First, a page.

Houston medical team credits 96% Covid cure rate to novel “MATH+” protocol: IV steroids, blood thinner, IV vitamins, maybe some Pepcid.

The most widely accepted (and plausible) explanation for the apparent disconnect between coronavirus cases and coronavirus deaths over past weeks, in Texas, Arizona, Florida, California, is a temporal lag; that is, deaths typically show up a month or so after hospital admission is required. A few weeks from now the numbers will catch up with each other, the experts say.

Other possibilities (and, of course, there are likely to be multiple factors at play) include:

1) More young, healthy people being infected recently;

2) A greater number of false positive test results;

3) A mutation in the Sars-Cov-2 virus (“D614G”) that makes it less lethal (but more easily transmissible, some say);

4) The numbers just aren’t reliable– either because of state reporting politics (think Florida) or because of general chaos (think Houston, most of Arizona, central California)*;

And finally the fifth, more tantalizing possibility: Medical teams are simply getting better at treating this.

Dr. Joseph Varon, critical care physician at Houston Memorial Medical Center, will tell you it’s this.

Quick to admit he and his team have been employing a kind of “kitchen sink” approach to treatment at the mounting case load in the nation’s fourth largest city, he now thinks they’re onto something. Varon and a group of medical colleagues from five different hospitals across the U.S., part of the newly renamed Front Line Covid-19 Critical Care Alliance, have, through trial and error, come up with a cocktail of commonly used drugs– combined with IV vitamins, sometimes also minerals– that they’re calling the “MATH+” protocol.

MATH+ combines the corticosteroid methylprednisolone, intravenous vitamin C and thiamine (aka vitamin B1) with the anti-coagulant heparin to try to head off the most serious sequelae of the viral infection: ravenous inflammation and aberrant clotting. (Notice no mention of hydroxychloroquine, azithromycin or even remdesivir.)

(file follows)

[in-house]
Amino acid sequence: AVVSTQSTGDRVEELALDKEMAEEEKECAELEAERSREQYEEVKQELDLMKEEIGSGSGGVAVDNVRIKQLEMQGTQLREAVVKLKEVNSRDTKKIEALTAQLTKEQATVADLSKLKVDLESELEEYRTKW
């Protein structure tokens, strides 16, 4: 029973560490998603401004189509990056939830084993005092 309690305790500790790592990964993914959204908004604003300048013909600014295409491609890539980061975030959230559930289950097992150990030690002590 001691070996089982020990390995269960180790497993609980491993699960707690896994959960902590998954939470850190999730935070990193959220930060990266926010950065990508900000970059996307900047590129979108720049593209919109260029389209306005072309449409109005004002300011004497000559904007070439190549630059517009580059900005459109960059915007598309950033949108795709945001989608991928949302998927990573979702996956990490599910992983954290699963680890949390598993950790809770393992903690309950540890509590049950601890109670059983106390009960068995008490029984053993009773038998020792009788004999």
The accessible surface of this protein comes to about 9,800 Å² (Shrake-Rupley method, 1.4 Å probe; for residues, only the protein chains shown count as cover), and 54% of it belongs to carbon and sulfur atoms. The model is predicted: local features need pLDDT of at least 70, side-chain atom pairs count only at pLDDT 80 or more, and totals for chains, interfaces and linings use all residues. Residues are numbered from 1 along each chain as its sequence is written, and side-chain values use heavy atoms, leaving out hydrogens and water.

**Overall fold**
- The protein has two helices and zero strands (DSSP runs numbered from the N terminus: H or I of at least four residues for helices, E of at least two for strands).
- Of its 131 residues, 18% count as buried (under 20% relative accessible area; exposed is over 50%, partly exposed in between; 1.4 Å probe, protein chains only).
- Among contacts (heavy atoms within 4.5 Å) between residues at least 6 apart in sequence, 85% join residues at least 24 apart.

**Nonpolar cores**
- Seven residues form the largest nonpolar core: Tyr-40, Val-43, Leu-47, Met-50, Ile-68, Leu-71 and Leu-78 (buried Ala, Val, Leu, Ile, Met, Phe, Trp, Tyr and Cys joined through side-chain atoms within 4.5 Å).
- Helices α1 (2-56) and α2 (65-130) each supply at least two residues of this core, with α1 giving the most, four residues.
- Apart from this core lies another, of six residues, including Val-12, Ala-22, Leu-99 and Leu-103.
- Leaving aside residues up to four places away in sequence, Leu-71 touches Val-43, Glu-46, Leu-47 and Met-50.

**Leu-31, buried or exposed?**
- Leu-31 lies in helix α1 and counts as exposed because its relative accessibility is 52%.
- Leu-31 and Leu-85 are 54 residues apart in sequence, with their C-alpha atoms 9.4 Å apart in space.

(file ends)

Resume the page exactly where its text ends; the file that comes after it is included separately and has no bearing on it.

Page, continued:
“We’ve been doing it for a few months now,” Varon shared with the UK’s Sky News, “and it’s been working like a charm.”

Now that sicker and more complicated patients are presenting to UMMC, Varon laments the team’s “100% success rate” has suffered a bit of a hit in recent days: down to 96%, he reckons.

The team also employs other novel methods, including a mechanically-operated vest that vibrates to re-direct fluid that can build up in the lungs. But Varon is convinced the real difference is MATH+. “This won’t cure you of the virus, obviously,” but it can keep you from dying, he says.

The cocktail:


Ascorbic Acid (vitamin C)

Thiamine (vitamin B1)


+. Optional co-interventions: zinc, vitamin D, famotidine (aka Pepcid, as a zinc ionophore), magnesium, melatonin

The rationale:


In all hospitalized patients, the therapeutic focus must be placed on early intervention utilizing powerful, evidence-based therapies to counteract:

— The overwhelming and damaging inflammatory response

— The systemic and severe hypercoagulable state causing organ damage

By initiating the protocol soon after a patient meets criteria for oxygen supplementation, the need for mechanical ventilators and ICU beds will decrease dramatically.

*In these heavily stressed areas, folks may be dying at home– either for fear of going to the hospital in the first place, because they were turned away/sent home after being deemed insufficiently ill to warrant admission, or because ambulance companies, as has been reported in Texas, refuse to transport them.

Via Poz.com